Since Georges Méliès first pushed the boundaries of what people thought possible on the silver screen audiences have flocked to the cinema to be frightened.
Over the years there have been countless horror films, from classics like Psycho to more modern fare like Hereditary, all of which have claimed to be the ‘best’ or ‘scariest’ ever.
Now though the good people over at Empire have put their heads together and worked out a list of what they believe to be the best fifty horror films of all time, with The Shining taking the top spot.
Produced and directed by auteur filmmaker Stanley Kubrick, and based on the Stephen King book of the same name, The Shining is a superb psychological horror film.
In case you’ve not seen it, we’ll do a quick recap. The story follows the Torrance family, who move into the Overlook Hotel in the remote Colorado mountains during the off-season.
While there the family are tormented by the various ghosts and spirits which inhabit the hotel until dad Jack (Jack Nicholson) snaps and attempts to murder his family.
Unsettling, spooky, and downright disturbing The Shining is honestly horrifying which, following some critical reassessment, has become regarded as one of the greatest films of all time.
Its list of plaudits is honestly endless featuring on almost every ‘best of horror’ list of the last century and it was even mathematically proven to be the scariest film ever according to science.
According to the BBC mathematicians at London’s King’s College used statistical modelling to conclude that The Shining was the ‘perfect scary movie’.
This was apparently based on shock value, suspense, escalating music, the balance between true life and fantasy, how much blood and how gory it was.
And far be it from me to dispute the wisdom of the Empire team, legions of critics willing to fight the film’s corner, or the mathematicians at London’s King’s College but I disagree.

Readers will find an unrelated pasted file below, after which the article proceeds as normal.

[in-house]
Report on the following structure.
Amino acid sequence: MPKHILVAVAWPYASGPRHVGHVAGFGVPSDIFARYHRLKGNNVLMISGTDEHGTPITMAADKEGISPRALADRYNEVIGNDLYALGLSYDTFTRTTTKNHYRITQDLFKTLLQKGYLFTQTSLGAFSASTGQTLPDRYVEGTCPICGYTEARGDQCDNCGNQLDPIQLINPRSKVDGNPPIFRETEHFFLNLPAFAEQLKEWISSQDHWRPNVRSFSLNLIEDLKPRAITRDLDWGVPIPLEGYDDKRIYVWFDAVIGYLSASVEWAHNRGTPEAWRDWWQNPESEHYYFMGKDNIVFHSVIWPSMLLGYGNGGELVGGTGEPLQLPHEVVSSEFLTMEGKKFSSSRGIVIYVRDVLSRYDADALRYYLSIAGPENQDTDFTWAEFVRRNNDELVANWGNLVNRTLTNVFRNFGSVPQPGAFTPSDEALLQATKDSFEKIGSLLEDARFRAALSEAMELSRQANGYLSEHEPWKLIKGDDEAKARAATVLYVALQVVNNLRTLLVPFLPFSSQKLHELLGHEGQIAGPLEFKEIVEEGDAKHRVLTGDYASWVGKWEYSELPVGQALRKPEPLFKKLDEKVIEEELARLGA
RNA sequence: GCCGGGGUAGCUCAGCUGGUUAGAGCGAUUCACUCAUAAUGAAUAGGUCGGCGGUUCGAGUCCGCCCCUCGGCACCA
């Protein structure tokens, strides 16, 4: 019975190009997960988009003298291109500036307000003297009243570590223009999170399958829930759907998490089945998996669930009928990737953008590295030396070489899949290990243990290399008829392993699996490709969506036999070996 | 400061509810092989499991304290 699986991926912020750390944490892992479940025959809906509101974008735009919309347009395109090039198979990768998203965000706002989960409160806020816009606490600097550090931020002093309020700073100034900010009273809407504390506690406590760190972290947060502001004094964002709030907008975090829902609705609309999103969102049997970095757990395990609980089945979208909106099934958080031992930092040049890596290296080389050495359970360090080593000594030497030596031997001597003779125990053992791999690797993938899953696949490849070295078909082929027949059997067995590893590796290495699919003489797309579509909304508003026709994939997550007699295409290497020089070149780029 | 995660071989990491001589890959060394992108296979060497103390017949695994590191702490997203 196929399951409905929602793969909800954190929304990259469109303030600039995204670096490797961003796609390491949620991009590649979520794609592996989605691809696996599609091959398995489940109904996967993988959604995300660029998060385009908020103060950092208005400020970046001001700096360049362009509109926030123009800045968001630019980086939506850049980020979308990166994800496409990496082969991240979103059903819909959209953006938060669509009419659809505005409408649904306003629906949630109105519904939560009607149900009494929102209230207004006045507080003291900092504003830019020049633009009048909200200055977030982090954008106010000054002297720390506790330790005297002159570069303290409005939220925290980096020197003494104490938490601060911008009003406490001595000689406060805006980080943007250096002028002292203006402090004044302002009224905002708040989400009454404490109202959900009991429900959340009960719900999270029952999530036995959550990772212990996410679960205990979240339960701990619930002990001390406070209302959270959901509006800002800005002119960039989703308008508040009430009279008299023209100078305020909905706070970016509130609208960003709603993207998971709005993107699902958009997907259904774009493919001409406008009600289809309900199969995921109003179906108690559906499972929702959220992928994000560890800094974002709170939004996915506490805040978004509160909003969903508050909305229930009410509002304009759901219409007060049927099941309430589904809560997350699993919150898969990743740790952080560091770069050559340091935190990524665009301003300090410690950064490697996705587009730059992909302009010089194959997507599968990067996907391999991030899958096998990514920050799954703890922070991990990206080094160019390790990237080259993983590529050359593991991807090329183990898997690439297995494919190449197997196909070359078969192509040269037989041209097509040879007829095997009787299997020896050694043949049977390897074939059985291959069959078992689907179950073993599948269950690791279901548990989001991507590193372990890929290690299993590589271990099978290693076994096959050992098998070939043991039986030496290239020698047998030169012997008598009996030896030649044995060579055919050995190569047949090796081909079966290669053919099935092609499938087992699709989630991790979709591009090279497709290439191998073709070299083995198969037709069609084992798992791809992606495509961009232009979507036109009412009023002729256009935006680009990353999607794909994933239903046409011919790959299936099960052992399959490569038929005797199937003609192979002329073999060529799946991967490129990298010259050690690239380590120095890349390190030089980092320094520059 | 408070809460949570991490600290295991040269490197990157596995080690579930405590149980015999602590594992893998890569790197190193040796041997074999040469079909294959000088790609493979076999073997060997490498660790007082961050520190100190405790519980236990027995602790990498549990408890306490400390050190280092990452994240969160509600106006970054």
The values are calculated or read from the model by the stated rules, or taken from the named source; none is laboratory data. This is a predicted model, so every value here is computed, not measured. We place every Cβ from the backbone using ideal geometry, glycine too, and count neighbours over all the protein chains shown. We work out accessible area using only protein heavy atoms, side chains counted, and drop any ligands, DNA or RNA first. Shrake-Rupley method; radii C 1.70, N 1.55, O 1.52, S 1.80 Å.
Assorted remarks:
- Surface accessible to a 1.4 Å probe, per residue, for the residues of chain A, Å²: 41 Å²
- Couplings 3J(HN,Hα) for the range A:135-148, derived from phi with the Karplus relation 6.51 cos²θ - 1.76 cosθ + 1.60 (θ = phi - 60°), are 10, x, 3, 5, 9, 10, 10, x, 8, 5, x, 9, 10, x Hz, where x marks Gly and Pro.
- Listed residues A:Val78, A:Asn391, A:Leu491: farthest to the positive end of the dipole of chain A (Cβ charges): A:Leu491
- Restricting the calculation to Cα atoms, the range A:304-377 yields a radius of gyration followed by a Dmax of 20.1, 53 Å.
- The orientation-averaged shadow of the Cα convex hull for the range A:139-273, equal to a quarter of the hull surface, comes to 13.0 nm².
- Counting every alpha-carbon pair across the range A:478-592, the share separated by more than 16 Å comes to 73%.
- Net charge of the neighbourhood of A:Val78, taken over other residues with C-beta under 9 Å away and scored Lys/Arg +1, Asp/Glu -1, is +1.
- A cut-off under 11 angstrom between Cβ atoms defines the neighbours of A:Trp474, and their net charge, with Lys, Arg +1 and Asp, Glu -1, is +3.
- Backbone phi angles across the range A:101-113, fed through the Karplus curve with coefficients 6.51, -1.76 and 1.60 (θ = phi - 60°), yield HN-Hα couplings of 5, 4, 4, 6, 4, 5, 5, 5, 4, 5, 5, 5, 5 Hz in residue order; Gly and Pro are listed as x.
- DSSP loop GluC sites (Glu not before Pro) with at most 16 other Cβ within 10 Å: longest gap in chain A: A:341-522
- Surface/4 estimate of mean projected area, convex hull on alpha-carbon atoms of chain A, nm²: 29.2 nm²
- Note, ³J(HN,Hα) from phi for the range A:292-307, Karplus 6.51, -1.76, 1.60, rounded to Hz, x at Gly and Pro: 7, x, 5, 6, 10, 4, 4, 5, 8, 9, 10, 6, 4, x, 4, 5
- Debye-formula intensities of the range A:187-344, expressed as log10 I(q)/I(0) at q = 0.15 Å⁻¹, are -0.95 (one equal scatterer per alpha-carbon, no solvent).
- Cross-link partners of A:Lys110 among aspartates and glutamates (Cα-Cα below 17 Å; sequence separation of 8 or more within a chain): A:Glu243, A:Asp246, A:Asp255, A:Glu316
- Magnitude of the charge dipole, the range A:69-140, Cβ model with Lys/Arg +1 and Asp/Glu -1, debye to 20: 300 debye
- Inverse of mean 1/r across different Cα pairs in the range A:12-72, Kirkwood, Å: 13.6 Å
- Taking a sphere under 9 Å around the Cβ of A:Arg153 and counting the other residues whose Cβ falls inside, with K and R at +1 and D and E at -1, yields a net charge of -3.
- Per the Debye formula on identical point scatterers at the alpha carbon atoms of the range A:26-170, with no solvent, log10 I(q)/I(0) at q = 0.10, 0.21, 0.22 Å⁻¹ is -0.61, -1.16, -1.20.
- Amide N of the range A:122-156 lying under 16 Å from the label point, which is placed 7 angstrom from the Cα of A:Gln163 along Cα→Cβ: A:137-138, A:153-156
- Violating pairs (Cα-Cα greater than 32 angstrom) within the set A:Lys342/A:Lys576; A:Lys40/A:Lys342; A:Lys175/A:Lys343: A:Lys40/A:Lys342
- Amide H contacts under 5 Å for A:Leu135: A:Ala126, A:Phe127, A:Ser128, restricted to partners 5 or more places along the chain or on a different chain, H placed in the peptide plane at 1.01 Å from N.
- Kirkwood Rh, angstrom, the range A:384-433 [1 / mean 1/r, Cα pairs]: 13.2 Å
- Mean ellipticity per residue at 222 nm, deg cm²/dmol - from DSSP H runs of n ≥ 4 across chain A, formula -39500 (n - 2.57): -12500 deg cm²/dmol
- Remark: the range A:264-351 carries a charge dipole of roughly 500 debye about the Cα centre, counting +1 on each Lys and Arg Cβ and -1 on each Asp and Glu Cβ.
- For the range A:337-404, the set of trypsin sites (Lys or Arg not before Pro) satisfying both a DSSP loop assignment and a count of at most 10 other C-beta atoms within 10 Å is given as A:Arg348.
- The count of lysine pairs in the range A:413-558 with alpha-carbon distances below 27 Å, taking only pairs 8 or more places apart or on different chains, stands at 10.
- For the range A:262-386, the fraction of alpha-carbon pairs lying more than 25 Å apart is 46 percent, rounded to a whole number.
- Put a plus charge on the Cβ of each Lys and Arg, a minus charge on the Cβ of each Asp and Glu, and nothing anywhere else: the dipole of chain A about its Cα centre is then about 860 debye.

While The Shining is terrifying and should be recognised as one of the best horror films ever it’s not the best, that particular honour belongs to little film called Halloween.
Halloween, or John Carpenter’s Halloween to give it its proper title, is in my mind far scarier than The Shining and the better film by some distance.
Why? Well it comes down to personal preference but I prefer Carpenter’s stripped back mundane approach to filmmaking and storytelling.
Kubrick was undoubtedly a genius but the things that make The Shining great are far more elaborate and dare I say pretentious compared to what Carpenter achieved with Halloween.
Both filmmakers fill the frame with details but I can never escape the fact that Kubrick’s work feels a little try hard in comparison and distracts from the film’s scariness.
Carpenter on the other hand is less concerned with pretence so all the details in his films work to serve the story in a more efficient way.
This means that when you watch Halloween or any of Carpenter’s horror films, you can focus on the scares rather than looking out for all the clever references Kubrick has hidden in his film.
I’m going to get a lot of hate from Kubrick fans now, aren’t I?
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